As the investigation into the sinking of the F/V LADY CECILIA continues, one of the biggest questions yet to be answered is whether the vessel was seaworthy. Investigators suspect the vessel sank very fast, possibly in a matter of seconds, but they don’t know what caused it to sink. The first round of public hearings was held in April, during which investigators heard four days of testimony and questioning.
The F/V LADY CECILIA sank off the coast of Washington on Mar. 10. According to Capt. Bruce Jones, commander of Coast Guard Sector Columbia River, “The Coast Guard is committed to examining the causes of the loss of the LADY CECILIA and her crew in order to pass on lessons learned and reduce the chances of future similar tragedies.”
The ill-fated vessel was homeported in Warrenton, Ore., and owned by Tom Kent and his father Dale Kent. Tom claims the vessel was safe to operate, but others question whether it was seaworthy when it left for what would be its final trip.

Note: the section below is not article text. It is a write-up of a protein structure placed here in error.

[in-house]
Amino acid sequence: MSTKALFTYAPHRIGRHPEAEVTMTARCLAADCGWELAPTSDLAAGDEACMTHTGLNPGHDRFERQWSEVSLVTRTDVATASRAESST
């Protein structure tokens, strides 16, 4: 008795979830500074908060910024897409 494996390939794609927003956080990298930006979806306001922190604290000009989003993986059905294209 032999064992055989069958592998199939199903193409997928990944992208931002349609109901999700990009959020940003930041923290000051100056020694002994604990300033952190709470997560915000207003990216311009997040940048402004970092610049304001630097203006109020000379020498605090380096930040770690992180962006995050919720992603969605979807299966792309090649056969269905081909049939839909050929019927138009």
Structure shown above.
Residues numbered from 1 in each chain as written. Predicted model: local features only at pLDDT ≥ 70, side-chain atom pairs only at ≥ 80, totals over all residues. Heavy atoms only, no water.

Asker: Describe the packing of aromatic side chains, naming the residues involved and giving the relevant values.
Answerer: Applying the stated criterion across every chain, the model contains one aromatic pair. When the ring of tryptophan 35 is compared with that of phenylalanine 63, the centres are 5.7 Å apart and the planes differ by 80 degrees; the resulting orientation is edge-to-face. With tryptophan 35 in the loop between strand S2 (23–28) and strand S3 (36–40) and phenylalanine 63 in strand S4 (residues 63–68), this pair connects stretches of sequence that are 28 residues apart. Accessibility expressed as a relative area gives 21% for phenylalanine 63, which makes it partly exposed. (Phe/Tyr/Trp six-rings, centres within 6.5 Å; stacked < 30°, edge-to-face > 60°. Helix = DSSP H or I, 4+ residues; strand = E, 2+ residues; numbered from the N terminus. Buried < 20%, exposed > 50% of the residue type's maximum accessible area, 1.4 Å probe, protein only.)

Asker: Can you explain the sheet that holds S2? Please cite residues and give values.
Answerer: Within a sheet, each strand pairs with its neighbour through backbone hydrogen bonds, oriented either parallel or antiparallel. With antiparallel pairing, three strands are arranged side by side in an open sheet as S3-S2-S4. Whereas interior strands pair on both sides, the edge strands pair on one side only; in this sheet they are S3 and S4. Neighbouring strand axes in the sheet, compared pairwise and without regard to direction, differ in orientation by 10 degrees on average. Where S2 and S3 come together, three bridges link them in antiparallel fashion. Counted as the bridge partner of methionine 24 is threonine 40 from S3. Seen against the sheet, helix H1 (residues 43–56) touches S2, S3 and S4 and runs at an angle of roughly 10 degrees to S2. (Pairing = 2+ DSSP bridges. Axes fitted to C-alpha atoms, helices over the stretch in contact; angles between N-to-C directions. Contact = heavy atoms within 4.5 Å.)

Amy Mallory, the girlfriend of victim Jason Bjaranson, 38, has said that Bjaranson “had hesitations about the safety of the boat” and didn’t feel good about going out on it. Some deficiencies were found during a safety inspection last October, but a follow-up investigation indicated the problems had been corrected.
Earlier this month, the Coast Guard hired a marine salvage company to locate the sunken vessel. Underwater cameras captured footage of the wreckage, which investigators are currently analyzing. Hopefully that footage will help investigators explain why the F/V LADY CECILIA suddenly sank in the Pacific Ocean. If it turns out the vessel was unseaworthy, the victims’ families will likely be entitled to compensation from the owners.
Examples of an unseaworthy vessel could range from problems with the vessel’s stability, improper pumping and alarm systems, lack of proper life saving and survival equipment, improperly maintained life rafts and survival suits to lack of and/or insufficient repairs and maintenance to vessel.
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